UK RHD Hilux is made in South Africa. This is high-spec Invincible model

UK RHD Hilux is made in South Africa. This is high-spec Invincible model

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I recall my first drive in a Toyota Hilux pickup truck, 40 years (ye gods) ago. I was working for a Toyota dealership, in the service department, and a couple of electricians I knew were setting up their own business and needed a pickup, each. With visions of a decent 'finders fee', times two, I persuaded the commercial vehicle sales chief to let me take a demo home to show the boys. The outcome was not good.

What we forget, four decades on, is that Japanese automakers back then sized their vehicles - even export models - for 95th percentile Japanese people, not hulking great westerners. I fitted happily enough in the bench seat of that single cab, four-speed column shift, 1.6-litre OHV petrol-powered 2WD 1976 Hilux, with such standard luxuries as tinted glass, a cigarette lighter, and heater/demister, but the potential buyers, the two electricians, were the size of the blokes that make up the front row of an All Black scrum. They looked at the diminutive Toyota, and at me, and attempted to get in. To humour me, each did a trip round the block, with knees almost up to their ears, there was so little legroom, and then came the verdict: no way; too small inside and underpowered. Next day, I slunk back to the dealership with the demo and they headed to the Ford dealer for a 'man-size', 4.1-litre Falcon 'ute' each.

These days, the Falcon, a model almost unknown outside the Asia-Pacific region, is toast after Ford pulled the plug on Australian vehicle manufacturing and the Hilux - outside North America, where Toyota makes pickups specifically for that market - is one of the world's best-known light truck nameplates. In Australia and New Zealand, it monthly tussles with Ford's Ranger, successor of the Courier rebadge of Mazda's B-series, another early Japanese export market small truck pioneer, as not only top-selling light commercial model but also overall top selling vehicle model. Much like Ford's F-150 is king of the US market.


I hadn't driven a Hilux since moving to England two decades ago and was amazed at just how big the latest model - on sale in the UK since July - has become. Wheelbase: 3,085mm, overall length: 5,330mm, width: 1,855mm and height: 1,815mm. A bit of digging located comparable dimensions for the 1976 Longbed model sold in the US (with 2.2-litre OHC engine): 4,700mm long on a 2,800mm wheelbase, 1,590mm wide and 1,580mm high. Quite a difference. Here in Europe, very few markets want petrol so the sole UK engine offering is a 2.4-litre turbodiesel hooked to floor shift six-speed manual or automatic transmissions (column shift is long gone), many buyers choose a five seat, four-door double cab (single cab or a four-seat 'extra cab' are also on offer) and trim and equipment can be to luxury car levels, as is the price, GBP35,810 on the road with automatic and metallic paint if you rise to the level of the Invincible I sampled.

The Hilux nameplate dates back nearly 50 years to a global launch in 1968 and arrived in Europe a year later. Global sales have now topped 18m and around 34,000 were sold in Europe in 2015, for a 23.1% segment share and claimed regional best seller.

Another thing that has changed is sourcing - Japanese pickups were once actually made in Japan and shipped abroad either on wheels or as SKD/CKD kits for local assembly. A move to foreign production hubs started in the 1990s and today Thailand and South Africa are the main countries building non-NAFTA models along with smaller plants in the likes of Argentina. The UK's Hilux comes from South Africa and the local content we noted on a tour of the test truck - radiator and hoses from Smiths, First National Battery battery, Bridgestone Dueler tyres and many other bits - reflects the comprehensive local components industry developed during years of CKD assembly where a high proportion, by weight, was mandatory. The Koito headlamps were made in Thailand, however.


The full redesign includes a new, tougher, ladder chassis and reinforced deck structure while Active Traction Control, Downhill Assist Control and Hill-start Assist Control raise, Toyota claims, 4x4 capabilities "to Land Cruiser levels". Safety is improved with a high-strength, impact-absorbing structure and the availability, on some models, of Safety Sense, with a Pre-Collision System with pedestrian detection function, Lane Departure Warning and Road Sign Assist. Braking and control systems include ABS, Electronic Brakeforce Distribution, Vehicle Stability Control and Trailer Sway Control. This latest Hilux also has a larger, stronger and more practical cargo deck and an improved towing capacity of up to 3.5 tonnes while the new 2.4-litre D-4D engine delivers improved fuel economy and reduces cost of ownership.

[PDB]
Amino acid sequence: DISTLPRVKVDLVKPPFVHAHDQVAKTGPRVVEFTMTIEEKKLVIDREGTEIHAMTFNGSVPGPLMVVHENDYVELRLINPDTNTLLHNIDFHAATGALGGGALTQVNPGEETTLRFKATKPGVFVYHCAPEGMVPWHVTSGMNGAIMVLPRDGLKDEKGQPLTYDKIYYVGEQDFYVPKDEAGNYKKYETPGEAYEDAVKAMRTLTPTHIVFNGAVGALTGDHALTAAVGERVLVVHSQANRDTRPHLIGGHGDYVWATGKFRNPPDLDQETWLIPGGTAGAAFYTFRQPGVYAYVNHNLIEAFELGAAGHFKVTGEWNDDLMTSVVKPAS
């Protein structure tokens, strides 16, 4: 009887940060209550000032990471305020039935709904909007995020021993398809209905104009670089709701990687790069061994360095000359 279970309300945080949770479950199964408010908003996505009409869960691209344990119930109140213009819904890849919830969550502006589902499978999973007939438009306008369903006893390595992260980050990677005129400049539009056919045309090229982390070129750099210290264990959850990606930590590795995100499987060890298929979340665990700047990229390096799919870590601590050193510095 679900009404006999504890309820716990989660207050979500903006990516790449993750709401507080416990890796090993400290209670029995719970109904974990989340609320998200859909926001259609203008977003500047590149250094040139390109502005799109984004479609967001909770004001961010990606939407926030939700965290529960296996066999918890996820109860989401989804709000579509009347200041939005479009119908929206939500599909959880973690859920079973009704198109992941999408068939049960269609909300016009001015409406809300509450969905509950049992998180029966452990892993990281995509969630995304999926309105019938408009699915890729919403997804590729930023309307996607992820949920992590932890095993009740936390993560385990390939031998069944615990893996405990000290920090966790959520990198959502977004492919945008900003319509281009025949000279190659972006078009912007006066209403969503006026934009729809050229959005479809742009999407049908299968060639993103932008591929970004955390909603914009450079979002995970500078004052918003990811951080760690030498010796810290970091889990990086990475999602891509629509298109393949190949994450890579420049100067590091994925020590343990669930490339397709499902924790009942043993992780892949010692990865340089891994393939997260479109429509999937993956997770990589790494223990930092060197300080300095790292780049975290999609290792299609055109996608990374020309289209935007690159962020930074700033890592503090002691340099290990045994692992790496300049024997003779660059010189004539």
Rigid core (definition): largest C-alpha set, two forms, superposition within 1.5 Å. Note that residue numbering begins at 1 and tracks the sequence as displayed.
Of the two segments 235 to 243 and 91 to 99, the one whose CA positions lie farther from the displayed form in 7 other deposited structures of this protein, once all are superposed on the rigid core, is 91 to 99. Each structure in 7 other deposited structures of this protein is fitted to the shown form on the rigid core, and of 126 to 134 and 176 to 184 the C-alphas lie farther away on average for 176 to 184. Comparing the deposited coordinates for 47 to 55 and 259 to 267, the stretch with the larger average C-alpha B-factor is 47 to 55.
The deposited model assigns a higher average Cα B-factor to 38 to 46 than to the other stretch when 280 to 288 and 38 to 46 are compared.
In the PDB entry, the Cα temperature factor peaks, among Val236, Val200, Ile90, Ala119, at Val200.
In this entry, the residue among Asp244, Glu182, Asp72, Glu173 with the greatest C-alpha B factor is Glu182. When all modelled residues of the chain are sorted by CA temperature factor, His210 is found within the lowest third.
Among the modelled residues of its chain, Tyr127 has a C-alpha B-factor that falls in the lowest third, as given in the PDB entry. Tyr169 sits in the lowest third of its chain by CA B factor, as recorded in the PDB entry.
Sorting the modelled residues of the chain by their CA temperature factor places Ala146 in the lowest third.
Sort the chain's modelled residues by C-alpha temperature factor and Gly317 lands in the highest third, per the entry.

Hilux chief engineer Hiroki Nakajima visited 110 of the 172 markets where the Hilux is sold and discoivered that many owners thought the model had lost some of its toughness. "I knew this had nothing to do with the vehicle's road-going capabilities. I then realised that, while we had related toughness with technical durability, the users' idea of toughness had far exceeded durability alone, and that they had come to expect similarly high levels of on-board comfort and safety to enhance the vehicle's day to day use. Based on a thorough re-evaluation of the previous model, the entire development team became passionate about creating a pick-up that would greatly surpass it in every sense, but especially in terms of toughness, which stands out as the core benchmark for Hilux over the years.

"The market is continually evolving and we are seeing consumers place more importance on values such as comfort, drivability and compelling design. Meanwhile the vehicle's use continues to grow from a traditional base in commercial fleets to include more recreational use, as well as popularity with families who want an SUV-style cabin, so that Hilux can serve their daily transport needs. All these demands presented a massive challenge, because to me, Hilux felt like a commercial vehicle. It didn't give me a sense of passion. This is why I demanded that the next generation Hilux had to offer a strong emotional value as well. Noise levels could be lower, acceleration could be smoother and the interior could be more luxurious. In the end we broke away from conventional thinking regarding commercial vehicles and created an entirely new standard for pick-ups."

Hence a new Hilux with a fancy LED running lamp 'signature' and LED headlights on top models, a greater emphasis on sleek styling (it's still a workhorse truck after all) and a much more inviting cabin with integrated, seven-inch multimedia touch screen system and a new instrument binnacle including a 4.2-inch TFT multi-information display that gets fancier as you go up the trim levels.